Civil Justice for All

Recommendation 5: Greater Collaboration

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Making Justice Accessible: Legal Services for the 21st Century

Recommendation 5. Foster greater collaboration among legal services providers and other trusted professionals—such as doctors, nurses, and social workers.

As the field of civil justice expands beyond lawyers to help provide more assistance to people in need, it should also build more systematic collaborations with trusted professionals from other fields. Such partnerships—for example, between lawyers and medical professionals—are among the most important innovations in civil justice in the last two decades. They help identify problems that clients are not aware of or do not realize have a legal dimension, such as illnesses related to substandard living conditions. They connect clients to legal professionals. And they accelerate the process of finding a legal remedy. They also provide a blueprint for a redesign of many legal services organizations’ programs.

The most successful and established of these collaborations is the medical-legal partnership, which grew out of a pilot project at Boston Medical Center in the early 1990s. That project was based on two related premises: 1) that complex nonmedical problems like housing, education, and economic stability are often (as much as 40 percent of the time) contributing factors to adverse health outcomes and disparities; and 2) that such problems have remedies in civil law.57 In these partnerships, hospital and clinic intake teams can be trained to recognize problems in a patient’s case history (such as an injury from domestic violence or asthma caused by mold in an apartment) and refer patients to lawyers or other civil justice problem solvers. As a result, legal solutions become part of healthcare solutions, and the efforts of legal partners are integral to those of medical partners.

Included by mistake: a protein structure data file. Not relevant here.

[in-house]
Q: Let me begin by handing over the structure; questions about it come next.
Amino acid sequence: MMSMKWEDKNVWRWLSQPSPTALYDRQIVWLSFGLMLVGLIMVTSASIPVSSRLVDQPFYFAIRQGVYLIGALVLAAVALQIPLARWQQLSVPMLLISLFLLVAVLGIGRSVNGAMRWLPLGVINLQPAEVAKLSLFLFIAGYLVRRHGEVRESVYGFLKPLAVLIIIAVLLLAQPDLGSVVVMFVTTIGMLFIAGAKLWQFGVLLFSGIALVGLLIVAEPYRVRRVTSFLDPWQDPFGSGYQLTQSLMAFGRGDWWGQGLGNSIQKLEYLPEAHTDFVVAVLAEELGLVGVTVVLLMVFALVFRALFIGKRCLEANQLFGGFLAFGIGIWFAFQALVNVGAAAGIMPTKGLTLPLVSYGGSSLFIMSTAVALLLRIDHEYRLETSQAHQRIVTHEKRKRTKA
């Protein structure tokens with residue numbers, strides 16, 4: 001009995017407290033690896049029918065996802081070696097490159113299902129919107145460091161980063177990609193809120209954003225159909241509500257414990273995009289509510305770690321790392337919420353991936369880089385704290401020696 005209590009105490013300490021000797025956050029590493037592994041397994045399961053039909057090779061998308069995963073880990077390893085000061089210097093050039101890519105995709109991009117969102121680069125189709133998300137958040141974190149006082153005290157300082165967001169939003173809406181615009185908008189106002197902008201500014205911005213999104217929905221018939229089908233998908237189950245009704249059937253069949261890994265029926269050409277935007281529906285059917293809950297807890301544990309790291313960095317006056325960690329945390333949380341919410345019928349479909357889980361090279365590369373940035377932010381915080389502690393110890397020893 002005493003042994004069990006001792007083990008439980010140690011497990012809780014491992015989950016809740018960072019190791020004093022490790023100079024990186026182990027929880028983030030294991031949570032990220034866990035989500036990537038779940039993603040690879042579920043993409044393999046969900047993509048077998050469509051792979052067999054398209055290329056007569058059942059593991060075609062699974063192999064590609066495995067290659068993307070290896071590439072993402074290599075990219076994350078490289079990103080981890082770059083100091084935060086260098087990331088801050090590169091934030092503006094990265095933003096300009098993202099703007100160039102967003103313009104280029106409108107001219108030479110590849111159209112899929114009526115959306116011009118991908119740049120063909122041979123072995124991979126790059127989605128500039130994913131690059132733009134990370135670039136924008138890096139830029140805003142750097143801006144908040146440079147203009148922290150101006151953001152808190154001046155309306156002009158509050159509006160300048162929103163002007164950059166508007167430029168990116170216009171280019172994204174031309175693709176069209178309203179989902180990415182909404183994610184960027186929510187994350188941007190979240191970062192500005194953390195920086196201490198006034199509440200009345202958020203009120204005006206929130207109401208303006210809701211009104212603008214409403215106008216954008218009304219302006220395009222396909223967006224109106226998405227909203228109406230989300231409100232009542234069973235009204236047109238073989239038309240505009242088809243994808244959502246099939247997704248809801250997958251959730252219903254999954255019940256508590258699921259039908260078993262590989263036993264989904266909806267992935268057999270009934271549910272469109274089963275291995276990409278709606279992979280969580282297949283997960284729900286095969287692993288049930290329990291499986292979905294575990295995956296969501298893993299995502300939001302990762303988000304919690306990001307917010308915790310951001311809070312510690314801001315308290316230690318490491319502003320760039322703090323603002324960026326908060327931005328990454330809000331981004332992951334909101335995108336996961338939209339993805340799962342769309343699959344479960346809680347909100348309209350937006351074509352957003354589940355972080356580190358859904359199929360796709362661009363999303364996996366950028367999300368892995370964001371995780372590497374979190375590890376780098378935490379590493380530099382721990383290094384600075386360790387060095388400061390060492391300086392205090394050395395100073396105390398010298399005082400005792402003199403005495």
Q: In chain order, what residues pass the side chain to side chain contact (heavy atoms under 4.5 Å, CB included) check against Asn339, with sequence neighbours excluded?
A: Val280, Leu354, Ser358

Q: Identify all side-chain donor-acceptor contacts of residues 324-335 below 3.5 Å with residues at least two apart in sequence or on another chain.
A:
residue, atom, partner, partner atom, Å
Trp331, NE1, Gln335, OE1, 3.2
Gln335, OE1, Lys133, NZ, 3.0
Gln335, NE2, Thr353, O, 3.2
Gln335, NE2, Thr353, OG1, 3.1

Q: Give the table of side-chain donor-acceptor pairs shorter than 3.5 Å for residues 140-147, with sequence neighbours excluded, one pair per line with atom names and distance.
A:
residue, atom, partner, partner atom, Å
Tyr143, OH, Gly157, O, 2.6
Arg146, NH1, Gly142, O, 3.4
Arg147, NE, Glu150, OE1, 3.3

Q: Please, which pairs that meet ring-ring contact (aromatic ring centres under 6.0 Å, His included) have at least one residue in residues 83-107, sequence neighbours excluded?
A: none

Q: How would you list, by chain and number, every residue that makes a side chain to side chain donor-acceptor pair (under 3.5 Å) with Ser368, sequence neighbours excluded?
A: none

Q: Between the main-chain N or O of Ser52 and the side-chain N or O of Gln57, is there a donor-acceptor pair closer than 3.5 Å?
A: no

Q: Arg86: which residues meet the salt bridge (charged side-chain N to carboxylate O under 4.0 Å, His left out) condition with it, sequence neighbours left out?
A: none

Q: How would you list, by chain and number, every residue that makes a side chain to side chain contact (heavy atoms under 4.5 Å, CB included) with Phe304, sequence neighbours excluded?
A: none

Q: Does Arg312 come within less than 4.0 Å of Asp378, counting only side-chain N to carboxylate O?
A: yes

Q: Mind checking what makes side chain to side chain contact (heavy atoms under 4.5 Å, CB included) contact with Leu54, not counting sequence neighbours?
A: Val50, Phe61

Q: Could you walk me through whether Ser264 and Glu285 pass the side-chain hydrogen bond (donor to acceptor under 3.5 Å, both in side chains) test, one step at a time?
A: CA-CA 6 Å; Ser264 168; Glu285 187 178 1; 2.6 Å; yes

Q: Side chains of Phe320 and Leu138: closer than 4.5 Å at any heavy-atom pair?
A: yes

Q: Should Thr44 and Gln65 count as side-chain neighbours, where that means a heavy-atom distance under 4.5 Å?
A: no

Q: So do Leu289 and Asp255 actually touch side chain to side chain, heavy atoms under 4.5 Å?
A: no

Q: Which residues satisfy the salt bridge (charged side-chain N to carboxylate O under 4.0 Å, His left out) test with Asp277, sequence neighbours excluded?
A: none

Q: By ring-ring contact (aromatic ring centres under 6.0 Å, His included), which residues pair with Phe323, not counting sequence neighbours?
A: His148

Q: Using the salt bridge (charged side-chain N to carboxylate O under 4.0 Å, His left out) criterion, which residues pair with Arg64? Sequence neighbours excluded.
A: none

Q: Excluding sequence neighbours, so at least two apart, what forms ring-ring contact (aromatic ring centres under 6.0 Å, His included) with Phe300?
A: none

As of May 2020, nearly 450 medical-legal partnerships had been established in the United States, in general hospitals, children’s hospitals, veterans’ medical centers, community clinics, tribal clinics, behavioral health clinics, and substance abuse treatment centers.58 In 2019, these partnerships helped more than 75,000 patients resolve legal issues impeding their health and trained more than 11,000 healthcare providers to better understand and screen patients for health-related social needs.59 The growth and success of these partnerships remain largely below the radar of the American public, but they are exciting advances that promise similar growth and success if applied on a much wider scale, and they should be publicized and promoted enthusiastically.

Medical-legal partnerships promote a broader understanding of health, one that encompasses not just illness and wellness but their social determinants—the external conditions that make health better or worse. Domestic violence is a paradigmatic social determinant affecting health. Violence causes physical and psychological harm, traumatizes children and keeps them from school, and can prevent victims from functioning well at work and at home. Uninhabitable housing is another paradigmatic determinant: moldy housing can trigger asthma, impair students’ ability to complete schoolwork, and undermine economic well-being.

Medical-legal partnerships represent a significant step toward a holistic approach to civil justice, a version of the “community legal practice” to which legal services lawyers have aspired since the 1960s. But they are only one model of a connecting partnership between trusted professionals and legal experts. Many other direct-service fields—workforce development, housing and family services, educational institutions, veterans organizations—offer similar opportunities, and each would be a valued partner in the effort to close the civil justice gap. In addition, collaborative work, between lawyers and social workers, for example, can help equip individuals with greater capacity to ask the right questions in pursuit of social services and benefits and then more effectively advocate for themselves.60